By Michael Huebner
ATLANTA – From its San Francisco premiere in 2000 to the end of this year, Dead Man Walking will have chalked up 70 productions on five continents, a rarity for a contemporary opera. The latest production by Atlanta Opera, which opened Feb. 2, revealed how composer Jake Heggie and librettist Terrence McNally have assured its staying power: They allow a true story to unfold with grit and fervor in an easily digestible musical language, and never let the drama subside.
A tried and true opera paradigm, to be sure. But given the story’s metamorphosis from best-selling book to movie, opera, and stage play, Sister Helen Prejean’s real-life account of love, loss, and redemption in a Louisiana prison has given Dead Man Walking a timeless quality that transcends these art forms and speaks directly to hearts, minds, and politics.
“Art is truth,” declared Prejean during a pre-performance lecture with Heggie at Cobb Energy Performing Arts Centre, north of Atlanta. “It brings people squarely together from both sides.” Heggie responded with an unapologetic reference to his own neo-romantic musical language: “I love themes that people can recognize – a character, an event, leitmotifs. Our goal was to tell a story using everything opera can do — choruses, ensembles, all the things we love about this art form.”
With Dead Man Walking, Heggie makes a convincing argument for his conventional appproach. Quietly ominous minor-key strains in the Prologue morph into rock music and a scene of sexual violence that would make Don Giovanni cringe. From behind a scrim emerges the angelic voice of Sister Helen singing a hymn. Mezzo-soprano Jamie Barton, an Atlanta native, portrays the nun who becomes the spiritual adviser of convicted murderer Joseph de Rocher, awaiting execution at Angola State Penitentiary.
It should be noted that de Rocher is a fictitious character drawn from Prejean’s experiences advising death row inmates. This composite character follows the example of the 1995 film starring Susan Sarandon and Sean Penn, as well as the Tim Robbins screenplay, which were extracted from Prejean’s accounts of two death row inmates in the 1993 book. What is not fiction is Prejean’s relentless real-life stance against capital punishment, which hits viewers from the opera’s opening moments.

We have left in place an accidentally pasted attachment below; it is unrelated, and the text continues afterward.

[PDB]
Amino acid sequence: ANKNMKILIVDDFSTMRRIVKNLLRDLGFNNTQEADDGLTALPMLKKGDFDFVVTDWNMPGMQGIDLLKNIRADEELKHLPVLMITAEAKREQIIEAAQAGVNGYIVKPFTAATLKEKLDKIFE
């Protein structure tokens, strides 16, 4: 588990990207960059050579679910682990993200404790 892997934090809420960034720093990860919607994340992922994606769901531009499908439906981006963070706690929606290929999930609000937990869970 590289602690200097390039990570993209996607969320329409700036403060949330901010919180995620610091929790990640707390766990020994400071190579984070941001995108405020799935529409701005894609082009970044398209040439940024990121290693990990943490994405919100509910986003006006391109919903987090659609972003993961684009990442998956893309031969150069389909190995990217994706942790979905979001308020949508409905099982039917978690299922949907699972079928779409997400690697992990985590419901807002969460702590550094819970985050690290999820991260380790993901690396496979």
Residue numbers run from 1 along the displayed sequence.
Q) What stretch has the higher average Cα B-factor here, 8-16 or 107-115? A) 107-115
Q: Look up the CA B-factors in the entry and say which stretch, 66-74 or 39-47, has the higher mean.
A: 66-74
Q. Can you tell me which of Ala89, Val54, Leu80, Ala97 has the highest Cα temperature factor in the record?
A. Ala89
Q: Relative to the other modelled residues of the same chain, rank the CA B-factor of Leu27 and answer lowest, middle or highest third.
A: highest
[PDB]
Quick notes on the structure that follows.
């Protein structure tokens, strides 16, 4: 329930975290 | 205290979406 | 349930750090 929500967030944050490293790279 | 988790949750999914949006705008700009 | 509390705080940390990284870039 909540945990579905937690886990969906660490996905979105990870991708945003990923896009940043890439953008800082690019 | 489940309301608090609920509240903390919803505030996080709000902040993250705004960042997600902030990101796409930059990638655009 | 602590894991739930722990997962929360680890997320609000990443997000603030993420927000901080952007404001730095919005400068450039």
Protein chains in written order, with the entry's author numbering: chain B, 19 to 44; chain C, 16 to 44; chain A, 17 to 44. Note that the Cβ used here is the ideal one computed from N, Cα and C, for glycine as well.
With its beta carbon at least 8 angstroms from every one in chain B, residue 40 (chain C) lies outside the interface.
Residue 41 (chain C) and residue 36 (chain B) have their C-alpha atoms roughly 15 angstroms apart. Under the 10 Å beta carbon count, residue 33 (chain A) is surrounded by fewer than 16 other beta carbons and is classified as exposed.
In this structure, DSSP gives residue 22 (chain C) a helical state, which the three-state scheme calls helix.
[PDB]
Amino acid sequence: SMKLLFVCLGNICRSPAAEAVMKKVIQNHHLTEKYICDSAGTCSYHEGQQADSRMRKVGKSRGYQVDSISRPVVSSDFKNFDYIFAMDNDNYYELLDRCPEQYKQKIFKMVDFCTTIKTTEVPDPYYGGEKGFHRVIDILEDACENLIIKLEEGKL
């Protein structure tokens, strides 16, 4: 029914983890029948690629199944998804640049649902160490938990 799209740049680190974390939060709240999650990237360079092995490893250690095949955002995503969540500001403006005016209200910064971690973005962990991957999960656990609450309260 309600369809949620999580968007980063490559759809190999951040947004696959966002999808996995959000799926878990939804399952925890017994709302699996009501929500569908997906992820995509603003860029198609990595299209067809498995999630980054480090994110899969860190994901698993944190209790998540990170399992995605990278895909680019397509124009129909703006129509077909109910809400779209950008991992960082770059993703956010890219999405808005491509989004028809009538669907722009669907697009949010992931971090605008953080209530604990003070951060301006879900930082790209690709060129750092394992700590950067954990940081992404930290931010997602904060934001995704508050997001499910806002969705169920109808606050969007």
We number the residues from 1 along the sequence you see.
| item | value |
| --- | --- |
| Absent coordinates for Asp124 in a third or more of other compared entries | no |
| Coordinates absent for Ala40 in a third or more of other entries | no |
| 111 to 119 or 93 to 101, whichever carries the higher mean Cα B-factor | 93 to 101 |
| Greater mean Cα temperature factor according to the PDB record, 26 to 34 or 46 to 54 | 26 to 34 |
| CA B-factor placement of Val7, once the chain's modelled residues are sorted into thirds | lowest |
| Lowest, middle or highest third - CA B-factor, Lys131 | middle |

Barton’s dramatic performance, vivid and arresting with a profusion of expressive facial gestures, infused her character with sympathy, warmth, awkwardness, sorrow, and strength as she struggled between advising de Rocher on how to face death and trying to comfort the victims’ families while abating their wrath. A powerful vocal presence, she easily filled the 2,750-seat theater at Cobb Energy Centre, yet demanded attention when she softly sang hymns.
While this was Barton’s role debut, baritone Michael Mayes is a veteran as de Rocher. During Act 1, he exuded fear and anger through body gestures, powerful vocals, and a just-plain-creepy demeanor. His portrayal undercut Prejean’s anti-death penalty position. All of that changed in Act 2. As Sister Helen and de Rocher made connection, warmth gradually ensued, the two bonding as execution neared, and de Rocher finally offering his confession. It was an unusually poignant moment.
Nearly overshadowed were the strength and emotional character of de Rocher’s mother, played by mezzo-soprano Maria Zifchak. Her Act 1 appeal to the Pardon Board to save her son’s life was as heartbreaking as opera gets, a tribute not only to Zifchak but to Heggie and McNally. In the role of Sister Rose, soprano Karen Slack provided needed strength and guidance for Prejean’s troubled situation, especially in her Act 2 aria, when she stresses that forgiveness is the key to reaching de Rocher.
Projected scenery designed by Don Darnutzer combined with physical sets and scenery by R. Keith Brumley to form the stark interior of Angola Penitentiary, with two guard towers flanking the stage. One projected image was particularly frightening, as red blood streamed downward as a reminder of de Rocher’s crime. Under the direction of Tomer Zvulun, scene changes were seamless, helped along by creative lighting, scrims, and movable walkways.
The weighty choice between rehabilitation and revenge was pronounced in scenes with de Rocher’s family and those of his victims. What came through most pointedly were the real Prejean’s overarching intentions — forgiveness, atonement, the relentless pursuit of truth.
Atlanta Opera’s production of Dead Man Walking continues through Feb. 10. For more information, go here.
Formerly the classical music critic and fine arts reporter for the Birmingham News and AL.com, Michael Huebner is a freelance writer based in Birmingham, Ala. Before coming to Alabama, he wrote freelance for the Kansas City Star and Austin American-Statesman.